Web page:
Chongqing’s location in the mountains of Southwest China has prompted a saying among local people: “It is easier to get into heaven than get out of Chongqing.”
Like other landlocked regions in the west of the country, logistical problems held the city back for hundreds of years. However, since the founding of New China in 1949, the municipality has invested heavily in its transportation infrastructure and become an international trade and logistics hub.
It now connects West China with Central and Southeast Asia, and Europe, and is also spearheading the opening-up of the country’s inland areas. Now, the mega city of more than 30 million people boasts fast, sound economic growth with booming global exchanges, having achieved double-digit growth in foreign trade for three consecutive years.
Last year, the total value of Chongqing’s imports and exports was 651.34 billion yuan ($100 billion), a year-on-year rise of 12.5 percent, according to local customs figures. Trade ties with countries taking part in the BRI are also getting closer, with 175.21 billion yuan last year, up 9.8 percent from 2019.
Construction of the 505-kilometer Chengdu-Chongqing Railway started the region’s opening-up process. The railway, which opened in 1952, links the capital of Sichuan province and neighboring Chongqing. Also known as the Chengyu Railway, it was the first line built after the founding of the People’s Republic of China. It was also the first in the country’s southwestern region.
In recent decades, local people have been so eager to better connect with the outside world that they have launched a number of innovative projects.
On March 19 2021, China Post launched a set of commemorative postcards to celebrate the 10th anniversary of the opening of the China-Europe Railway Express.
When the first train left Chongqing and traveled to Duisburg in Germany, it opened a new chapter in the history of international railway transportation. The more-than-11,000-km line crosses the border at Alashankou, Xinjiang Uygur autonomous region, and passes through Kazakhstan, Russia, Belarus and Poland before reaching its destination.
The journey takes an average of 16 days, less than half the time of the maritime route, and is changing Chongqing’s role from that of an inland city to a bridgehead for China’s gateway to the West.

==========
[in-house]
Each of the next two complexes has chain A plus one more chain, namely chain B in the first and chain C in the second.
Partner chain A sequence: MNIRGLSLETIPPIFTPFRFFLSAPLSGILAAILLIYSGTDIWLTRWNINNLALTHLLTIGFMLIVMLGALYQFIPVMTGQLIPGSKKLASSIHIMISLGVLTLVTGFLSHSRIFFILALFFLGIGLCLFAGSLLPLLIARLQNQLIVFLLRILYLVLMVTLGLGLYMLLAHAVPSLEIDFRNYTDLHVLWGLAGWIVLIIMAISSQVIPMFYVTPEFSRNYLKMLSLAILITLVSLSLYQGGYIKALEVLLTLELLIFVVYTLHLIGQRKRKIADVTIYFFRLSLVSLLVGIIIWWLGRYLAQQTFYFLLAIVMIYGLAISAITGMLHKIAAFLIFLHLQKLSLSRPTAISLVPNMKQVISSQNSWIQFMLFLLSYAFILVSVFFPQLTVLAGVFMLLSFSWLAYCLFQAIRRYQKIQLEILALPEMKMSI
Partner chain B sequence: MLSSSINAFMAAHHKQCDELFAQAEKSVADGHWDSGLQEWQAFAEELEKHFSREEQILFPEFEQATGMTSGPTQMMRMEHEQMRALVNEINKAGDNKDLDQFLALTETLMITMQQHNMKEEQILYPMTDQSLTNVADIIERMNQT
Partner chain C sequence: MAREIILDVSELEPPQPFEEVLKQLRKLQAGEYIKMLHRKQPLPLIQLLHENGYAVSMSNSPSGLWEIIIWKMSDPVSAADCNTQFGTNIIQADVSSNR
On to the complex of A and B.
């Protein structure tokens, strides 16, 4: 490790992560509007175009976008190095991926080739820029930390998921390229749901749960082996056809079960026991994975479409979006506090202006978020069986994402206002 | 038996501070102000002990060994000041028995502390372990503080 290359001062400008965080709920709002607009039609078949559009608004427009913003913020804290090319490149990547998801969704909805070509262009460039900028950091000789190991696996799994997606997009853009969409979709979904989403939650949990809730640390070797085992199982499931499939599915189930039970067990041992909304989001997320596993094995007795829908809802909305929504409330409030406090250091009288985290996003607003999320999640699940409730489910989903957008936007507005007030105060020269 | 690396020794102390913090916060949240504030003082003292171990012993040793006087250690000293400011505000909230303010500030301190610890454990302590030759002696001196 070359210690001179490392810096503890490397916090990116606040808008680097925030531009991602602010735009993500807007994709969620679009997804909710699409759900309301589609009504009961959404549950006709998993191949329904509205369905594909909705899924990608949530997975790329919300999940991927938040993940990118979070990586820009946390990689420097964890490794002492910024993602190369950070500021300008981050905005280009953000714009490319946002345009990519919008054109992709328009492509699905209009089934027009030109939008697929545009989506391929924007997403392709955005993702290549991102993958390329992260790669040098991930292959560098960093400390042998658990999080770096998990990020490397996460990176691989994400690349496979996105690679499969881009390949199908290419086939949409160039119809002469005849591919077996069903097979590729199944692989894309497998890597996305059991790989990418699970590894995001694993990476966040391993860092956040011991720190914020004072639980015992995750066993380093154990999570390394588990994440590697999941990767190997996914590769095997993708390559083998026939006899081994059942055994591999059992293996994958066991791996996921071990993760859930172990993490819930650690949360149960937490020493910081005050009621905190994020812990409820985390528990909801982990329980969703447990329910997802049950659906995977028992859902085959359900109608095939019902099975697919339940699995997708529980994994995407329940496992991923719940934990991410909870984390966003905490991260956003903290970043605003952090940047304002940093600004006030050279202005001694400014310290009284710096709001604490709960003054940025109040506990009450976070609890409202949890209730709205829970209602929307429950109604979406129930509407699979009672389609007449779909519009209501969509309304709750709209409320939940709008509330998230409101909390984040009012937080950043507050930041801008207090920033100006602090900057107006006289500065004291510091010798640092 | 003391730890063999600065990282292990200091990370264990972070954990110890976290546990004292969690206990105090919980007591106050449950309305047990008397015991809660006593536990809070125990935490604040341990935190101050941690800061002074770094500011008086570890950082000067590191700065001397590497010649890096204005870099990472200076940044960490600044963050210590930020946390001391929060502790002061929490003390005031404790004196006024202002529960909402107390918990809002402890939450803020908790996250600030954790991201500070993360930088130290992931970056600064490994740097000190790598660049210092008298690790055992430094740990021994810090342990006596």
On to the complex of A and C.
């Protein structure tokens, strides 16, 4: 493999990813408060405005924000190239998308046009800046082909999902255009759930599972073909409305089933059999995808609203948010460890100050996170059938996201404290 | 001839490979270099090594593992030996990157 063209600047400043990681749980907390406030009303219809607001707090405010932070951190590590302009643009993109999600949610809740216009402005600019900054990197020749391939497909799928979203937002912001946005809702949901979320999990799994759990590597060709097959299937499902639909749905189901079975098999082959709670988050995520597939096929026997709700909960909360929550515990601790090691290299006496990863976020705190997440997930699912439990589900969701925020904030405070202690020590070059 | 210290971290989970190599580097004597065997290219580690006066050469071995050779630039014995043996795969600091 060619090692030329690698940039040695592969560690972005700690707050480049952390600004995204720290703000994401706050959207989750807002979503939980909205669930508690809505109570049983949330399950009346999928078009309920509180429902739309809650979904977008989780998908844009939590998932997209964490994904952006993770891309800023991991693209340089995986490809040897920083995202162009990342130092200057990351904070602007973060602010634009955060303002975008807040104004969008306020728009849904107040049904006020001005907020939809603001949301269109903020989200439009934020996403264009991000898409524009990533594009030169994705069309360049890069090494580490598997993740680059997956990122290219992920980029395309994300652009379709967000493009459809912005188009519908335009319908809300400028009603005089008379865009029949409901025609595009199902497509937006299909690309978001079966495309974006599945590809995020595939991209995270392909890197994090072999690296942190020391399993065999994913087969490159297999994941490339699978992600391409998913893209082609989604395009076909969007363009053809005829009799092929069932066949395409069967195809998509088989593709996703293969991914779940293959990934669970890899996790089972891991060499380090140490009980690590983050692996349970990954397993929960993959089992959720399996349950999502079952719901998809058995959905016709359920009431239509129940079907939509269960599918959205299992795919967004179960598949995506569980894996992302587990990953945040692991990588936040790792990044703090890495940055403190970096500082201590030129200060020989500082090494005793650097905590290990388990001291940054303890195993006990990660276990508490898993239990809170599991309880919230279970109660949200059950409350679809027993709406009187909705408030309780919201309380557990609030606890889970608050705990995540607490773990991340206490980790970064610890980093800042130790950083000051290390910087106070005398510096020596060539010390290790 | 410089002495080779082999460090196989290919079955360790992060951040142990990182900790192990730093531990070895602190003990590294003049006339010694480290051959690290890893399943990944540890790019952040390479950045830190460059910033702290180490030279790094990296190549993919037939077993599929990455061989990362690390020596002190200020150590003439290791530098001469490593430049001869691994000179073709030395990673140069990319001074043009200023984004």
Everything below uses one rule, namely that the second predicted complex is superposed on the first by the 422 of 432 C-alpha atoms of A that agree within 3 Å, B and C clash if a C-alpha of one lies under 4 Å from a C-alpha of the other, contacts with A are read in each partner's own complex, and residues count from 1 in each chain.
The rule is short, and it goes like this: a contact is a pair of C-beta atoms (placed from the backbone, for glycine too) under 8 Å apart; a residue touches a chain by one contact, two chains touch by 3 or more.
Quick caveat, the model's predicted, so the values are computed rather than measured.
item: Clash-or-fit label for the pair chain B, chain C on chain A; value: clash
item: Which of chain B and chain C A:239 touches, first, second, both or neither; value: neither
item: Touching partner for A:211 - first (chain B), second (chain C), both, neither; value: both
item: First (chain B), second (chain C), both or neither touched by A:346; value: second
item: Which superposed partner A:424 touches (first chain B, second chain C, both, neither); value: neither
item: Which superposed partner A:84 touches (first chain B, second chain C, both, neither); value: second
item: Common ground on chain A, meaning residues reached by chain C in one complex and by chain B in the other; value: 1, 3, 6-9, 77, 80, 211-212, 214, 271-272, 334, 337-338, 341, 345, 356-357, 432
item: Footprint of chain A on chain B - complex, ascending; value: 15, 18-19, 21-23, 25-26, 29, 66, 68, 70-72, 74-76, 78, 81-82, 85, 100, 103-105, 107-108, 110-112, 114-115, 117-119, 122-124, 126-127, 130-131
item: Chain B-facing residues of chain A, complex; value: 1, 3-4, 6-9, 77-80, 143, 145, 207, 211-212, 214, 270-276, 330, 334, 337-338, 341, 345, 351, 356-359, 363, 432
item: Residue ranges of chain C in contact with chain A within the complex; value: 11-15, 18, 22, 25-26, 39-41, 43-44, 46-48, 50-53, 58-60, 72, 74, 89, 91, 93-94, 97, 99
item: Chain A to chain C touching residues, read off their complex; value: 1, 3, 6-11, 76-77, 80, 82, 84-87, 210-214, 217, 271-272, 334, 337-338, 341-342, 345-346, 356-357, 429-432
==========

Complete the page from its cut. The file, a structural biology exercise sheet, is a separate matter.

Hewlett-Packard makes laptops in Chongqing. The railway saves the PC company significant time and transportation costs, according to Tony Prophet, HP’s former senior vice-president, speaking in 2013.
Over the past 10 years, nearly 8,000 freight journeys have been made on the route, whose transportation value ranks first among the 60 cities in the country that operate China-Europe freight services.
To further promote the development of the inland regions, Chongqing’s Liangjiang New Area was established in 2011, becoming the third national development zone after Pudong in Shanghai and Binhai in Tianjin.
Boasting a large river port, airport and rail network, the area is the starting point of the New International Land-Sea Trade Corridor, which was developed under the China-Singapore (Chongqing) Demonstration Initiative on Strategic Connectivity, signed in 2016.
It links 260 ports in 96 countries and regions worldwide as part of the 21st-Century Maritime Silk Road and the Silk Road Economic Belt (the two main components of the BRI), said Han Baochang, former director of the project’s administration, earlier this year.
The route enables goods from China’s western regions to be shipped by road, rail and water to and from countries such as Singapore through the Beibu Gulf in the Guangxi Zhuang autonomous region. It also connects Europe with Southeast Asia, with Chongqing acting as a key rail hub.
Compared with the traditional route via the Yangtze River and Shanghai, the new route is a faster way to connect China’s inland western regions with major ports in the south, saving about 20 days in journey time.